Tips to help with online learning
The following information is to help with children with special educational needs. However, if we think about it, all our children, both in school and at home, are all needing 'special' care at the moment.
Even if your child does not have any SEN issues, the advice below, with regards helping with remote learning, is great in helping ALL children.
- Work in short bursts – three separate 5 minute activities with a short break in between might work much better than one longer 15 minute activity.
- Build in breaks and lots of praise and rewards, this will make it fun for both of you. Try to use little rewards (e.g. stickers, smiley faces, high fives) that can be traded in for a ‘bigger’ reward at the end of the day or week (such as time playing a favourite game, or completing a chosen activity with you).
- Try to set up a routine of work then play and keep general routines consistent. Routine is helpful for children, so try to keep bedtimes, mealtimes the same and add in some structure to the day. It may help to create a visual timetable. See this template for an example: https://search3.openobjects.com/mediamanager/hackney/fsd/files/daily_planner_to_support_structure_at_home.pdf .
Having a work then play system might include one, two or three learning activities before play, depending on your child’s ability and age. Don’t worry if things don’t always go to plan – leave it and come back to it later - tomorrow is another day!
- Try to have some variety to the activities, but repetition is a great way to learn, so don’t worry about working on the same skills or activities a number of times; especially if your child enjoys them. This can help them remember.
- Encourage learning through play and follow your child’s interests– children learn best when they are happy, relaxed and engaged. Practical activities may work much better than worksheets for your child (e.g. playing counting games, letter hunts, drawing around shapes, baking, writing a shopping list, working out how much money is needed for the shopping, etc.). Multisensory approaches are often helpful for children learn – this means learning through seeing, hearing and doing.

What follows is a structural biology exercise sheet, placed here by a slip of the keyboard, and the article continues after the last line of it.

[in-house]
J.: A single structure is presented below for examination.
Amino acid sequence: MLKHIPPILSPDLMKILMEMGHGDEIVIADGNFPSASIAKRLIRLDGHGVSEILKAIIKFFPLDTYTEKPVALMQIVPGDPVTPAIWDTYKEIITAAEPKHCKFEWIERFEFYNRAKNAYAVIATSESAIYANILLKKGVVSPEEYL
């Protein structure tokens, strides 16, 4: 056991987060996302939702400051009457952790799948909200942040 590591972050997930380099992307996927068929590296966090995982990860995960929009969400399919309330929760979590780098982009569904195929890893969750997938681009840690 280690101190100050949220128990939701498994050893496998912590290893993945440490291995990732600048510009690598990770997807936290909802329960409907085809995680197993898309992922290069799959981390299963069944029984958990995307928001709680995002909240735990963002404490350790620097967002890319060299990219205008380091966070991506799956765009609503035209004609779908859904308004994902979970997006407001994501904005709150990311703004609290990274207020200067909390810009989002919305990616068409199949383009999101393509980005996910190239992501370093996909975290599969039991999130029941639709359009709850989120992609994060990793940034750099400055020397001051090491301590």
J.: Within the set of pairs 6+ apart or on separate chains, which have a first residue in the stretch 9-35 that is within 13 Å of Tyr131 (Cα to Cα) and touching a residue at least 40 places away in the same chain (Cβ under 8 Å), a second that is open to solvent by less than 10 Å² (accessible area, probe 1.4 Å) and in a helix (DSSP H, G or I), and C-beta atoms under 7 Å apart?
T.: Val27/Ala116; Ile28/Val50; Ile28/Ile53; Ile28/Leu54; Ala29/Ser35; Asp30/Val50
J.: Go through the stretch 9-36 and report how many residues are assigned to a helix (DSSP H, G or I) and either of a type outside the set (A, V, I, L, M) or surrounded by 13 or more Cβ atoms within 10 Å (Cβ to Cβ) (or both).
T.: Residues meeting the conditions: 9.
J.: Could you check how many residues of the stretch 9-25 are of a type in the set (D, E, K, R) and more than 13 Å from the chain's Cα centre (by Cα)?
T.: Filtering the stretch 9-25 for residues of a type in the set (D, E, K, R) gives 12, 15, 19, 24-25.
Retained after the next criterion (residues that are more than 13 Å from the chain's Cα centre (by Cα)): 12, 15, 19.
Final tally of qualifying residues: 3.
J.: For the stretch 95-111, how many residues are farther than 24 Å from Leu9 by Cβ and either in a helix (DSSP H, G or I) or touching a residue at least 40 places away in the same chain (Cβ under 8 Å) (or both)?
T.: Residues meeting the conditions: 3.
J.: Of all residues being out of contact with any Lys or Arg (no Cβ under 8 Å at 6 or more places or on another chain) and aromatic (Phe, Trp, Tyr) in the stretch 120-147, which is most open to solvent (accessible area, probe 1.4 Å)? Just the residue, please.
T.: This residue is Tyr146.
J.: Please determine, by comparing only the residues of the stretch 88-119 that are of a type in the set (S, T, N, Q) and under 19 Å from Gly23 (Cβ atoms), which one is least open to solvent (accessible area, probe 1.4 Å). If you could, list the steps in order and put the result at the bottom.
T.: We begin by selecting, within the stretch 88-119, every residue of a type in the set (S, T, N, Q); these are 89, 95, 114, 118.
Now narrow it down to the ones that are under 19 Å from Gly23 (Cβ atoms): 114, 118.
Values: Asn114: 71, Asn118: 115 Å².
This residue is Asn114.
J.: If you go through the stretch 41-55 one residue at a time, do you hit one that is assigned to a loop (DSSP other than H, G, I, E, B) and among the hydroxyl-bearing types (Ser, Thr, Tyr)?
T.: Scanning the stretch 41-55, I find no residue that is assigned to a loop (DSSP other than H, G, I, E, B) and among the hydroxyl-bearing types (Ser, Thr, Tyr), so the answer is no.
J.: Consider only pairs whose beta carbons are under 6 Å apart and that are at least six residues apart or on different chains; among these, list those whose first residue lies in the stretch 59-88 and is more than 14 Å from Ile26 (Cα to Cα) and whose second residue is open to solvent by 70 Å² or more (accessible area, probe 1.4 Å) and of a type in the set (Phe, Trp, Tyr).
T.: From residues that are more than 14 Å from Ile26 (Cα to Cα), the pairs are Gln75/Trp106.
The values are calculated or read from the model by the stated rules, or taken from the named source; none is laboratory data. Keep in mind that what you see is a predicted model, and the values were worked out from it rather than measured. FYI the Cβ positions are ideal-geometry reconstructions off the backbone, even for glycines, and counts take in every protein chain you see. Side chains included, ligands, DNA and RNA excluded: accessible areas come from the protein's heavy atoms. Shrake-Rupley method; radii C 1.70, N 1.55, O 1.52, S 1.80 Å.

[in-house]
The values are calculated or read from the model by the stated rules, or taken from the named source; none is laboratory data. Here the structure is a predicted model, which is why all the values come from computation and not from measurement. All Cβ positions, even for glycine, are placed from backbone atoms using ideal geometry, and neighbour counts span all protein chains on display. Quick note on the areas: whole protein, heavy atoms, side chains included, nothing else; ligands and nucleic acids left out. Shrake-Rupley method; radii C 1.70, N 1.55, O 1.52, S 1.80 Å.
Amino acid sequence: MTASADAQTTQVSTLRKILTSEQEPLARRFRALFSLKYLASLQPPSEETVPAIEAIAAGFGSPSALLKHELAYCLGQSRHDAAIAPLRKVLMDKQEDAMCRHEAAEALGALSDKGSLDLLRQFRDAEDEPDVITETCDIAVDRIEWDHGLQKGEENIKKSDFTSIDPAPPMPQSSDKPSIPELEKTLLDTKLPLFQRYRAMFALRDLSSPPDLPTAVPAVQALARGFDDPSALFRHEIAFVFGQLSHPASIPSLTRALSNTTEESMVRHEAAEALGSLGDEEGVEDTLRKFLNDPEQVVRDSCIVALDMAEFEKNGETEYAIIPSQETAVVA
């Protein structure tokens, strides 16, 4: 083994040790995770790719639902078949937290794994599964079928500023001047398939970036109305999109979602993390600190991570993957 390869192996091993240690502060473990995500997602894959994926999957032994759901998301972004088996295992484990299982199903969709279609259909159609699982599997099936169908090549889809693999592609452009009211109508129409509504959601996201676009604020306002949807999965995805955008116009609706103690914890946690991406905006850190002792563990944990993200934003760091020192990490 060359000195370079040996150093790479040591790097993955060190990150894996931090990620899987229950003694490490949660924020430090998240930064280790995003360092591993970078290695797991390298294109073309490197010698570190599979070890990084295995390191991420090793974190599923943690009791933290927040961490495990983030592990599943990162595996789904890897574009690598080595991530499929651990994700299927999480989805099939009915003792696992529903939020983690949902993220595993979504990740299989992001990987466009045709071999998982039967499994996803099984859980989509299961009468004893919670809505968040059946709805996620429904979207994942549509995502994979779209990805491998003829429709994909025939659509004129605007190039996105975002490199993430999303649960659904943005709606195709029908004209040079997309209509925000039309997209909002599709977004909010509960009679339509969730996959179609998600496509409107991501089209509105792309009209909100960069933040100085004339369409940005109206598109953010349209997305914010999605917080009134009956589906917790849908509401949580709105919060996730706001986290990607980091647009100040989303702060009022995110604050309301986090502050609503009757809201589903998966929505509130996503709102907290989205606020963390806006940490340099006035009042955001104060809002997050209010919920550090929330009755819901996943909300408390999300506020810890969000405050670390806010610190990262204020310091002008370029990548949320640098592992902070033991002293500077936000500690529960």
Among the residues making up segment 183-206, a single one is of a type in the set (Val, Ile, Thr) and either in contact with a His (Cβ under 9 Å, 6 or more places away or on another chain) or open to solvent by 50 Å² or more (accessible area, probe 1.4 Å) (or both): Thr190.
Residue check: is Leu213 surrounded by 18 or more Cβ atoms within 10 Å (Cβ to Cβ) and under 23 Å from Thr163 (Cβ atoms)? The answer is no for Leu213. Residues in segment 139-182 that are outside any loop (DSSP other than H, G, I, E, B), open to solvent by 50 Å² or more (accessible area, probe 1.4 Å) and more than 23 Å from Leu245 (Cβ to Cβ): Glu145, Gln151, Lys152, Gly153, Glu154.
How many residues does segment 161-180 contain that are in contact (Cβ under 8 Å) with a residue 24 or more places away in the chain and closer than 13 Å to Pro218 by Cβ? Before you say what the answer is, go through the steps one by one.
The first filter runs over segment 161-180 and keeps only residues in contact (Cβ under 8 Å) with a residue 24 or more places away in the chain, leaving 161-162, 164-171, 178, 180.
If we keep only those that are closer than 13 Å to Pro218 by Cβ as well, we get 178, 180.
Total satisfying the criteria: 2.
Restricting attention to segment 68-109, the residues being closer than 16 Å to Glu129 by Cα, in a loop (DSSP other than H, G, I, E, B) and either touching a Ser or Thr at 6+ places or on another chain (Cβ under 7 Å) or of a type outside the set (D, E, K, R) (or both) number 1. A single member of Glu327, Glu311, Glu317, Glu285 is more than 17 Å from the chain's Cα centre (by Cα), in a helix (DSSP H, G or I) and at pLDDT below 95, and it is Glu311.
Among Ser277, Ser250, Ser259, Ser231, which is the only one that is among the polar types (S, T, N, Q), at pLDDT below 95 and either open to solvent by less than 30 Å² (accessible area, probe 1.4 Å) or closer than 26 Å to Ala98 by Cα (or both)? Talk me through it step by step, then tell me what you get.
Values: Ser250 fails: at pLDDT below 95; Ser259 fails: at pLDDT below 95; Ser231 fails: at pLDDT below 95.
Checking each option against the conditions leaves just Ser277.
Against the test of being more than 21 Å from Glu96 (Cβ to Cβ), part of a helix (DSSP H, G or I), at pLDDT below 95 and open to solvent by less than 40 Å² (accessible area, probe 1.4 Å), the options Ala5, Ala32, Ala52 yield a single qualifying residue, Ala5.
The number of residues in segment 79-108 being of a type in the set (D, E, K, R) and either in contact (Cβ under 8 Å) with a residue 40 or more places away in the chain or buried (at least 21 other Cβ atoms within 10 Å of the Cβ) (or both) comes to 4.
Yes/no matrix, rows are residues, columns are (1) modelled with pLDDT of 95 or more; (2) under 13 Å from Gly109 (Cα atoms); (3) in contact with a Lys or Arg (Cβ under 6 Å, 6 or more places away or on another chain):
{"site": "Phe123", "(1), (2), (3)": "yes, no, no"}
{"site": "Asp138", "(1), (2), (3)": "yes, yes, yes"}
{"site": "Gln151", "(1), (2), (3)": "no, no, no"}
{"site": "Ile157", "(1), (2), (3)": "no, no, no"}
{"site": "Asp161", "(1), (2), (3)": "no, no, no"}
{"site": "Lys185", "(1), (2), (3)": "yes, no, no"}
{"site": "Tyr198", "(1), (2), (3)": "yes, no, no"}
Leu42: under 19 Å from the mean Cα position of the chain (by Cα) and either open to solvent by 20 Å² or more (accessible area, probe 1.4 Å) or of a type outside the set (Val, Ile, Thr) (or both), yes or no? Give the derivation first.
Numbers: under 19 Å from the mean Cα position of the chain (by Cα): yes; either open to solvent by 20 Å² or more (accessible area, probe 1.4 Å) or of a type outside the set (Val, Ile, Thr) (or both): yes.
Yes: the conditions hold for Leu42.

- Look after your own wellbeing. You ARE going a great job. Even if it feels like you are having a tough day, know that you are making an impact and that ALL your effort will not go unrewarded. Make sure you have your own downtime. Do what you enjoy - have a nice bath, talk to friends, watch your favourite programme/film etc. Even if it means everything else has to wait!
Hello lovely people!
My name is Mrs Taylor and I am the Pastoral Lead here at St Stephen's.
My role here at school is to help all our children with any difficulties they may face.
The reason I thought of the name 'The HUB' is because I believe passionately that all behaviours are expressed for a reason - hence;
'Helping Understand Behaviours'
I believe in the 'whole child' approach. By this I mean that each child, no matter what their ability, background, culture or race, deserves to be heard, respected and championed.
Nurturing our children to become all that they are created to be is my goal; creating an environment to enable them to thrive.
Have a New Kid by Friday:
How to Change Your Child's Attitude, Behavior & Character in 5 Days
Bury Hospice Support Groups for families
Supporting our families.
If you need help in any way, and with regards your child's school life, please call the school office and ask for a member of the SLT.